Wednesday, December 31, 2008


So, 2008 drifts off into the sunset, like a ship leaving on the evening tide. I guess it must be a function of getting older - to look back rather than to look forward - but I have to confess to viewing 2009 with more than a hint of trepidation. Next July, I reach the dreaded three score years and ten and I`m a bit morbid about that. You see, despite all my grumpiness, which sometimes may verge on the brink of intolerance, about the world around me, I really would like life to go on forever.
It won`t, of course, so I had better make the most of the years I have left. Chin up. Look on the bright side. Always someone worse off than you. Those who trot out the platitudes might be right. After all, 2008 was - how shall I say? - `mixed.` We lost Henry after his long illness, which meant the cancellation of two holidays as he wasn`t well enough to make the journey. Weatherwise, I`m not sure we had a summer....but we sure are having a winter. The wider world continued to disappoint - wars, famine, poverty, credit crunch, greed - all the usual suspects which will keep me posting in the year ahead.
But I enjoyed the Olympics, especially Rebecca Adlington and the wonderful Ellie. I enjoyed, as always, the cricket season. I mourned the loss of Paul Newman and Sydney Pollack. I railed against the excesses of Jonathan Ross and Russell Brand, the EU, Premiership football and politicians. I enjoyed my dreadful golf, which continues to reinforce my innate stoicism. And I have valued still, the company of good friends and the pride I have in my family.
So, in this my last post of 2008, I wish you well for the year to come. And hope that, after all is said and done, the world is as kind to you as it has been to me. I may be nearing seventy but, as it says at the top, `Grow old along with me, the best is yet to be.` That`s right....isn`t it? Please tell me it is.

Sunday, December 28, 2008

Fed up with the fortunes of Southampton FC going from bad to worse, the fightback has begun with the birth of no less than 14 babies in the City`s Maternity Hospital on Christmas Day. That`s a full team along with three substitutes.
The surge is clearly a reaction to the last gasp escape from relegation nine months-ish ago; and it represents a determination to equip the City and its football club with sufficient assets to mount a determined bid to reclaim the Premiership status for the Saints in about 20 years time. I doubt I will be around to witness it, but it`s something for my children and grandchildren to dream about.
Our picture shows baby Gavin Houldsworth, weighing in at 6lb 11oz, in the arms of proud Mum, Sharon and Gavin is already kitted out with his baby Saints outfit, no doubt already bearing his squad number on the back.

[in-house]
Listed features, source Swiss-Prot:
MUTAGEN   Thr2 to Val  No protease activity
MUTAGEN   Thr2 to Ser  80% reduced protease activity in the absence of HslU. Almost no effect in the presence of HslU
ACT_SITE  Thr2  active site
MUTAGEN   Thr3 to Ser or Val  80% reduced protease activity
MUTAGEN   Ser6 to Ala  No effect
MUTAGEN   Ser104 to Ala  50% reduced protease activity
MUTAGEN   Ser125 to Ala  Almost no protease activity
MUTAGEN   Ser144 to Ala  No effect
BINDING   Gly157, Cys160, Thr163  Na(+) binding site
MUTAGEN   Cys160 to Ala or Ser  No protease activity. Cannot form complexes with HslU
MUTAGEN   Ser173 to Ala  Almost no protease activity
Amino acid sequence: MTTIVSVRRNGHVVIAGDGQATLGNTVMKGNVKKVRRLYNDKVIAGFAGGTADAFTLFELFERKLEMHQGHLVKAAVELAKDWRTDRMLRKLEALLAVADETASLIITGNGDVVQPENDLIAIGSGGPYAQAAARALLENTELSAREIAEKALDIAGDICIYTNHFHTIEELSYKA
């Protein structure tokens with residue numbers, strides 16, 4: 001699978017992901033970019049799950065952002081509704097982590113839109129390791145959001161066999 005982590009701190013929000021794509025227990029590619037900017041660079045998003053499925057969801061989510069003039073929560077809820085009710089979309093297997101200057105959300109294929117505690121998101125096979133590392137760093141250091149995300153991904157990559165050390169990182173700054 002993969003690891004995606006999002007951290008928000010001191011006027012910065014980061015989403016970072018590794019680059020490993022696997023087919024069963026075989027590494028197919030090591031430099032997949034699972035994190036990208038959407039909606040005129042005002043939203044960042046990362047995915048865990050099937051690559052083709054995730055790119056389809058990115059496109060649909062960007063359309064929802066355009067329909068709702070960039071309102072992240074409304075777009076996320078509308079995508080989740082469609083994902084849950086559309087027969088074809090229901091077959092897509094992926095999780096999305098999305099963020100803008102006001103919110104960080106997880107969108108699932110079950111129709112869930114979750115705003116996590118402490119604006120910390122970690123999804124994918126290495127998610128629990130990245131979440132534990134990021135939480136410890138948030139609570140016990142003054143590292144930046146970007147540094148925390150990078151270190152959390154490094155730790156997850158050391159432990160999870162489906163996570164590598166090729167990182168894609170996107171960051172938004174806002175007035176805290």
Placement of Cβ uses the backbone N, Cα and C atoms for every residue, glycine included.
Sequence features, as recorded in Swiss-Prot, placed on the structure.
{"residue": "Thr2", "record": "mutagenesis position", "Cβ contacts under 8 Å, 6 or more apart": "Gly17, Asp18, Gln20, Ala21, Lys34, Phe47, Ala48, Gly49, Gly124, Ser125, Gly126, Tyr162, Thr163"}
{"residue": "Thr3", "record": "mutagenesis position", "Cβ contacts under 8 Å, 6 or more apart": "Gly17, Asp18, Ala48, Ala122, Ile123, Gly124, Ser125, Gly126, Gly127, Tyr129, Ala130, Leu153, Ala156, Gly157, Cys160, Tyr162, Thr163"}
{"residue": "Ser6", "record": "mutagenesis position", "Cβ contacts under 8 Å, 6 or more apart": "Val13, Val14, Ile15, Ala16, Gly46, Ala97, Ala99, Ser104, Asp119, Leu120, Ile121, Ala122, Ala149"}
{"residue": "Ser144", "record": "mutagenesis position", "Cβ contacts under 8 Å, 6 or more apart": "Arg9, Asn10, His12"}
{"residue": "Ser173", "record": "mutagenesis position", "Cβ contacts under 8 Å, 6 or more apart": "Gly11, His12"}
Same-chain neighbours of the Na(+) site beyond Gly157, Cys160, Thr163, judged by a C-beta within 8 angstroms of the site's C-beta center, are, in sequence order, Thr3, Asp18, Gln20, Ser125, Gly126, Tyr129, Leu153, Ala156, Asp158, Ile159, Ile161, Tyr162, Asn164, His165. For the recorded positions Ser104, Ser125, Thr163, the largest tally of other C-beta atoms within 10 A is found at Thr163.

Today was a day of good news and bad news for long suffering Saints fans. A crowd of 20,000 saw the team draw 1-1 with promotion hopefuls Reading, which represented the good news, as we didn`t lose. The bad news is that this result has dumped us next to bottom of the league and, with the worst goal difference in the league as well, Saints are now odds-on candidates for relegation. So, grow up fast, Gavin and get that left foot working. The hopes of a city rest on your young shoulders. No pressure then, Gav.

Friday, December 26, 2008

Happy Boxing Day, everyone. Hope you all enjoyed Christmas Day yesterday and are none the worse for it. Here in Snopperland, we had a very quiet day, the highlight being Mrs. Snopper`s most excellent Christmas dinner, the remnants of which we also enjoyed today. We heard from our three sons in various parts of the world but our small village seemed overcome by a sense of lethargy. Nothing moved. No-one about.
Today, we have taken Barney for a ride in the car, to try and get him used to travelling. It seems to be working. We visited a couple of Garden Centres in the hope of buying one or two vital necessities, but they were both closed. Can`t blame them really, after all even shop staff have to visit the sales.
So today is Boxing Day and it seems to be passing in the same blaze of indifference as yesterday. But it got me wondering about the true meaning of Boxing Day and, after painstaking research, I think I have discovered the definitive authority on all things concerning Boxing Day. This was put together by the pupils and staff at Woodlands Junior School, here in Kent:-
So, well done to them and thanks for bringing some meaning to an otherwise dull and quite forgettable day. And yet, maybe because of, rather than despite all the lethargy, indifference and comotose peacefulness of days like this, I`m left to wonder whether we would not all be better off if every day might be the same.

Tuesday, December 23, 2008

At 11.00am this morning, just two days after the shortest day and one day before Christmas Eve, the Annual General Meeting of Southampton Leisure Holdings plc took place at St Mary`s Stadium. Now, I have been a shareholder in said company for some years and a while ago, I received all the stuff giving notice of the AGM and inviting me to attend. I was sorely tempted to take up the offer, but today is one of the busiest of the year on the roads and, as I live 120 miles from Southampton, along with the `pressures` of the festive season, I didn`t really think I could get to the meeting in time, never mind get home again afterwards.

Pity really, as early reports suggest that it was a lively affair with 99% of the assembled gathering vociferous in their condemnation of Chairman Rupert Lowe`s stewardship of the company which owns the football club. Quite right too. For it is Lowe who, through mismanagement, appalling decision making and an arrogance that he is never wrong, however high the evidence stacked against him to the contrary, has brought the football club I have supported for over 60 years to the brink of annihilation. We currently sit just one place above the relegation zone to the third level of English football but, even more worryingly, we also sit perilously close to administration, such is the state of the club`s finances. Nothing to do with the credit crunch. Everything to do with Chairman Lowe.